Did Vermeer’s Kitchen maid, an icon of Dutchness, have an older, Italian sister? Schwartz finds her resemblance to an earlier, unjustifiedly doubted, Vermeer copy after an Italian painting of a saint so convincing that he sticks his neck out to argue that she does.
Dutch art, an export product from the start, has found its way into hundreds of museums and university curriculums in large stretches of the world. This might be on the decline, but there are still institutions outside the Netherlands devoted to the art Schwartz most loves. Continue reading “404 Dutch art outside in”
On four successive Mondays, from 21 January to 14 February, I moderated a webinar on the theme “Rembrandt seen through Jewish eyes,” in preparation for an exhibition of that name in the Jewish Museum and Tolerance Center in Moscow. One point of disagreement among the speakers was how welcoming the Netherlands was to Jewish immigrants. I felt that some speakers had too rose-colored an impression of things, for which I bring the following heavy evidence to bear.
Schwartz weighs in on the discussion of the iconography of the splendid Rembrandt Standard bearer now bought by the Rijksmuseum and comments sourly on its price.
This afternoon I had a query from my dear friend Anja Ševčík of the Wallraf-Richartz Museum concerning the iconography of a painting by Geldorp Gortzius of the Madonna and child with St. Anne. Rather than delving instantly into her case, I was inspired to post a salacious column on the subject that I wrote in 2003. When it appeared in the Financieele Dagblad there were incensed reactions from Christians who maintain a sanitized view of their god’s congress with a married Jewish virgin and her mother. Continue reading “188 Sex with God: for Leo Steinberg”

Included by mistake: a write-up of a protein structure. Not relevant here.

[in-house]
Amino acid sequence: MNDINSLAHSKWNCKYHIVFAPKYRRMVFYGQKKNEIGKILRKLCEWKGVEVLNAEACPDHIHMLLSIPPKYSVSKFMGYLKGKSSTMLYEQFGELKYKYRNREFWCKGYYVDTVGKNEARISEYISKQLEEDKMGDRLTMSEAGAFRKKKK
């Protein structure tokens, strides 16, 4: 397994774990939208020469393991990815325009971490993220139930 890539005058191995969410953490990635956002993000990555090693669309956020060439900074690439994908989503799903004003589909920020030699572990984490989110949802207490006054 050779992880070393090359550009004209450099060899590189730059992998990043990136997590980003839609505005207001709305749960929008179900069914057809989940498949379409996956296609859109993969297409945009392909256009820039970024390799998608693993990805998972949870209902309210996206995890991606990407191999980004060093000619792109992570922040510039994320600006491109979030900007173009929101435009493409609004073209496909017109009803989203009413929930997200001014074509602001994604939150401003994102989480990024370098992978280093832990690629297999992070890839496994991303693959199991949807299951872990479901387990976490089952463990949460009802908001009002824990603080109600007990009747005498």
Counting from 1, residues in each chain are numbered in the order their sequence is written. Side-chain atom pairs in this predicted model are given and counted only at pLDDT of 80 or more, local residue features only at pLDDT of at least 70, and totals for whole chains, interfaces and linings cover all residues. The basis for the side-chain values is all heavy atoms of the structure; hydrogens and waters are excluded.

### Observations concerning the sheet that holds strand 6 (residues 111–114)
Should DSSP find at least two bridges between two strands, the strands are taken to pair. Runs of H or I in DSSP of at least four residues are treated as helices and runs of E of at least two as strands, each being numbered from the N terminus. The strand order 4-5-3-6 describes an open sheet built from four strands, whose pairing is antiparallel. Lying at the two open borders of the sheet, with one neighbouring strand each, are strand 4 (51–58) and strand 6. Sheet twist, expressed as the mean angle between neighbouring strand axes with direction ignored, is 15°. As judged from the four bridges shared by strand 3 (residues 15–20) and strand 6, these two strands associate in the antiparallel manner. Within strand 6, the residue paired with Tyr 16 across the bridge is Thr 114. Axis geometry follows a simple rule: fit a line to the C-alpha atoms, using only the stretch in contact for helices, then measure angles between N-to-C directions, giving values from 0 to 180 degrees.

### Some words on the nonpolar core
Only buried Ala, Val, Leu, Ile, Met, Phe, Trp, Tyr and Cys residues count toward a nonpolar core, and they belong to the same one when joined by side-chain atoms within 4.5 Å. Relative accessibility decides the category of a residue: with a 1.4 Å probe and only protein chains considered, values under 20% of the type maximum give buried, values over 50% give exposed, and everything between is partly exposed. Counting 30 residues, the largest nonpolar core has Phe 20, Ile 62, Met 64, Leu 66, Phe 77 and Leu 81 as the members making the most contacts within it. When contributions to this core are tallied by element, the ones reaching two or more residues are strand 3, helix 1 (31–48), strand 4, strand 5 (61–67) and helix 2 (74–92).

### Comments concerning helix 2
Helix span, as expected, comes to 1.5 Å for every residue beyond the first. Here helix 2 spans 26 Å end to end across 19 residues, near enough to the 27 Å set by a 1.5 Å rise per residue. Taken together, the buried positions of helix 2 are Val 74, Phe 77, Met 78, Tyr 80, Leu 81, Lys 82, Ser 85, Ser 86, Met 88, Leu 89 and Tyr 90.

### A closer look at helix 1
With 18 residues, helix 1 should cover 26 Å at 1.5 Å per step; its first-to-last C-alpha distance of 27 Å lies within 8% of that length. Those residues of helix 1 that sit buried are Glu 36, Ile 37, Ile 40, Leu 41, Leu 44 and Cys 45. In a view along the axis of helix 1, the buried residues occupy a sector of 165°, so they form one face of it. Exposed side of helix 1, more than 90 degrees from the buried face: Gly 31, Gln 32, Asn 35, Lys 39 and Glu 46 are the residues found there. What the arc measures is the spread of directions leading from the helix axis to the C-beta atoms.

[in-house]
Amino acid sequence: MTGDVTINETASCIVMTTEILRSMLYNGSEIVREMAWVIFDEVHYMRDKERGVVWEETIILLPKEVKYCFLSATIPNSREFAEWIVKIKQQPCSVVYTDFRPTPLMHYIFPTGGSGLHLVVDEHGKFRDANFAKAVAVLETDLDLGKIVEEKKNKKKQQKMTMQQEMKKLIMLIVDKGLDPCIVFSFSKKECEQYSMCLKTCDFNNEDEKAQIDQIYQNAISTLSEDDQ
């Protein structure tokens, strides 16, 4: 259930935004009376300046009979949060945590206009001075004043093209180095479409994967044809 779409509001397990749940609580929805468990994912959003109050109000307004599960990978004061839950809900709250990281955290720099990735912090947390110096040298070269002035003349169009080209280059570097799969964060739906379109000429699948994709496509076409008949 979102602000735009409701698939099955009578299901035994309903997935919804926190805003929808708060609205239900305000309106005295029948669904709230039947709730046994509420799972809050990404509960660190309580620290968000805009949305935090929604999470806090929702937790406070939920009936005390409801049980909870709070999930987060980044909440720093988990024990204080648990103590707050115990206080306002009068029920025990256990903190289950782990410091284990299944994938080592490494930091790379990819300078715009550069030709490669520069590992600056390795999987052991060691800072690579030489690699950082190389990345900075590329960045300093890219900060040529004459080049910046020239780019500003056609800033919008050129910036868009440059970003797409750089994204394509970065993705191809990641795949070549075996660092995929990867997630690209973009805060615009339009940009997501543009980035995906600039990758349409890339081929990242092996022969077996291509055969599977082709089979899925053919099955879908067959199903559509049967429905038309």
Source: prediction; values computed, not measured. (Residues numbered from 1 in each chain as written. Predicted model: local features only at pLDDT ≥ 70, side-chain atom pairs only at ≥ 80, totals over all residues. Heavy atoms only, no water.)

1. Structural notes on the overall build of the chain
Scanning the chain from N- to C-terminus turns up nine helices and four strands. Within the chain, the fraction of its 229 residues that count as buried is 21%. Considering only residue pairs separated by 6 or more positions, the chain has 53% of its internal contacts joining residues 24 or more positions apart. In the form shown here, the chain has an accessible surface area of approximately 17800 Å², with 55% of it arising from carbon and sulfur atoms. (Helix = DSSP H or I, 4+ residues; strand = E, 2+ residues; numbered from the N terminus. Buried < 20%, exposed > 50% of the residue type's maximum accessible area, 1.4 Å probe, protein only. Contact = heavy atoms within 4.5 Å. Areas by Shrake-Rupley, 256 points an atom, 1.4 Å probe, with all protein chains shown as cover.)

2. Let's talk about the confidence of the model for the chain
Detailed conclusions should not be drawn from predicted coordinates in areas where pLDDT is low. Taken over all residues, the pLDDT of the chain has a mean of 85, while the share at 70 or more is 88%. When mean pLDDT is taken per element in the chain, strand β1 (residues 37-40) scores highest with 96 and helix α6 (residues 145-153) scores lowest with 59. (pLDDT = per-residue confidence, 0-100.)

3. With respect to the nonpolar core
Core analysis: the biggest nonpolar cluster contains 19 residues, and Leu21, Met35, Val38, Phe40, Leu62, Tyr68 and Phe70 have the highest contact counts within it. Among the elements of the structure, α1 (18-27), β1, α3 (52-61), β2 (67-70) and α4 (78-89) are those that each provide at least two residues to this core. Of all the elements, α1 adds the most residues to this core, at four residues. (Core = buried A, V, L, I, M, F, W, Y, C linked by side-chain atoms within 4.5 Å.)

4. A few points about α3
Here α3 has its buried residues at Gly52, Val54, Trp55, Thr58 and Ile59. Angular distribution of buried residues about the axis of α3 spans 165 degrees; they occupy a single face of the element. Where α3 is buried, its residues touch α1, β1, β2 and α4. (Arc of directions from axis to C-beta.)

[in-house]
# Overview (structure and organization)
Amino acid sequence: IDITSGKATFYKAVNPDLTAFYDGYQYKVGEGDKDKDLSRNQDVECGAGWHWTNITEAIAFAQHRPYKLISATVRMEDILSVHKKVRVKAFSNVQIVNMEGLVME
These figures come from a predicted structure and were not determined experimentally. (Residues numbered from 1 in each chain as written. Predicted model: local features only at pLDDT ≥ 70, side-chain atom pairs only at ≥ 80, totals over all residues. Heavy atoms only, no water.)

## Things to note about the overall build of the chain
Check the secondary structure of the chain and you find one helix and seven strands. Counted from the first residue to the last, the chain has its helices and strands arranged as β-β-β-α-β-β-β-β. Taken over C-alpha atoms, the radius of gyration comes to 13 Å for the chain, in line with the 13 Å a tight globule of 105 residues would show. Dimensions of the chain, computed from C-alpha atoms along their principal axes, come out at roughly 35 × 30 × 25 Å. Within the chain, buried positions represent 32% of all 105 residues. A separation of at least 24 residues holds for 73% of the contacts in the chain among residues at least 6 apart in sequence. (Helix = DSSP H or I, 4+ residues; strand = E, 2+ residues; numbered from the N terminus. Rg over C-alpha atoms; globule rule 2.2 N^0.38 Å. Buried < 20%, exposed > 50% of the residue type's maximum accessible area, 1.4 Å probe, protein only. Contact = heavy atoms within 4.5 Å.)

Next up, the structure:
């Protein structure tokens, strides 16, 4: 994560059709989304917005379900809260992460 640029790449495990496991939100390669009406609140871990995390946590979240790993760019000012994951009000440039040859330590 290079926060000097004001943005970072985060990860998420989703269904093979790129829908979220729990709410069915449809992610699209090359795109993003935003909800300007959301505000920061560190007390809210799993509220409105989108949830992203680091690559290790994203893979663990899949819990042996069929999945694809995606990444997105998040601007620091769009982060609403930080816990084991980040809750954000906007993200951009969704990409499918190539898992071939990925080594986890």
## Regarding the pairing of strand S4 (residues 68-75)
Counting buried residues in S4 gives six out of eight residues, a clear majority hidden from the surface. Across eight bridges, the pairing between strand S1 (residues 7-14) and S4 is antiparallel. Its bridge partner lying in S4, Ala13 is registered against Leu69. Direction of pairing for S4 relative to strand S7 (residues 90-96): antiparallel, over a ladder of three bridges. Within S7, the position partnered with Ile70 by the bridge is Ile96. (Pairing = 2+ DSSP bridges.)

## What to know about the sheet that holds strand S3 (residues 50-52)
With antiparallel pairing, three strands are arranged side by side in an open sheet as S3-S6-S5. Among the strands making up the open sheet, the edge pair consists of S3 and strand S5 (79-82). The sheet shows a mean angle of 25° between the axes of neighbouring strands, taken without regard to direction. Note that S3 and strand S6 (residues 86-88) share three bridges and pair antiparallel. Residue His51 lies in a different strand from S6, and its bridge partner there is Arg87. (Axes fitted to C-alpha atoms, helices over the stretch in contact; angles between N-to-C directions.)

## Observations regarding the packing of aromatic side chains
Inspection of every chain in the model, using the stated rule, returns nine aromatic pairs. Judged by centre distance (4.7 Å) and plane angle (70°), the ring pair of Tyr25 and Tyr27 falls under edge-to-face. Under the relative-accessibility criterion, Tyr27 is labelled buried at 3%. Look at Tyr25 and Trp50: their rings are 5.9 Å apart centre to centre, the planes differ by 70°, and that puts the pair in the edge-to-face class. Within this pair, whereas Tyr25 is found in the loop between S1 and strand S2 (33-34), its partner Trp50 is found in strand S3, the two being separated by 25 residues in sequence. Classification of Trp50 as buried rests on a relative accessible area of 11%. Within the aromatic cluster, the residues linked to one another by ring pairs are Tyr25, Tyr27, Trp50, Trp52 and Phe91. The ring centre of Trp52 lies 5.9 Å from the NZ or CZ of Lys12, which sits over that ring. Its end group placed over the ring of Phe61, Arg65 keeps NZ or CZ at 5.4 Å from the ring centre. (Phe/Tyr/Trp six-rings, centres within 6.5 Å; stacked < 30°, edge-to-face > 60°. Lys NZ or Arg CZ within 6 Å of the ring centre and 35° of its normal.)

Half a year ago I missed an anniversary. 10 May 2021 was 25 years to the day since the appearance of the pilot of the Schwartzlist. It was an article in the Cultural Supplement of the daily NRC Handelsblad, with the title “Rembrandt bij het grofvuil” (Rembrandt in the garbage). On the basis of that publication, the newspaper offered me a bi-weekly column for a year. I wrote the columns in English, to be translated into Dutch by the paper. Starting with the first of the columns, “Vermeers razernij” (Vermeer’s frenzy), on the 5th of July 1996, I mailed the English version to my 50 or so email correspondents of the time. For the milestone installment 400, I am publishing the pilot. Continue reading “400 Rembrandt in the garbage”
Missing pages from Schwartz’s book on Jheronimus Bosch of 2016. The artist in Den Bosch closest to the master himself was the protean Alart du Hameel. A column to make up for leaving him out. Continue reading “399 With apologies to Alart – his missing double spread”
Scroll down to below the sidebar, which I was unable to disable.
At a symposium in Vienna devoted to Jheronimus Bosch’s Last Judgment in the Paintings Gallery of the Akademie der bildenden Künste, I presented a paper that was published only a few months later (hats off to Julia Neuhaus and her staff ) in a volume of proceedings. It was dedicated to the memory of Roger Marijnissen, who died earlier that year, in January 2019, at the age of 95.
Gary Schwartz, “A Last Judgment to scare the hell out of you,” in Hieronymus Boschs Weltgerichts-Triptychon in seiner Zeit: Publikation zur gleichnamigen internationalen Konferenz vom 21. bis 23. November 2019 in der Gemäldegalerie der Akademie der bildenden Künste Wien | Hieronymus Bosch’s Last Judgment Triptych in the 1500s: Publication of the proceedings of the international conference held from 21 – 23 November 2019 in the Paintings Gallery of the Academy of Fine Arts Vienna, Vienna (Gemäldegalerie der Akademie der bildenden Künste) 2020, pp. 149-67
Because it was not possible to place all the illustrations I wanted, the depictions of the Vision of Tundale by followers or copyists of Bosch had to be left out. I added them separately at Visions of Tondal in Bosch mode.
On the authority of Rembrandt himself, here is a listing of paintings by him that today are mainly unknown. Readers are invited to discover them.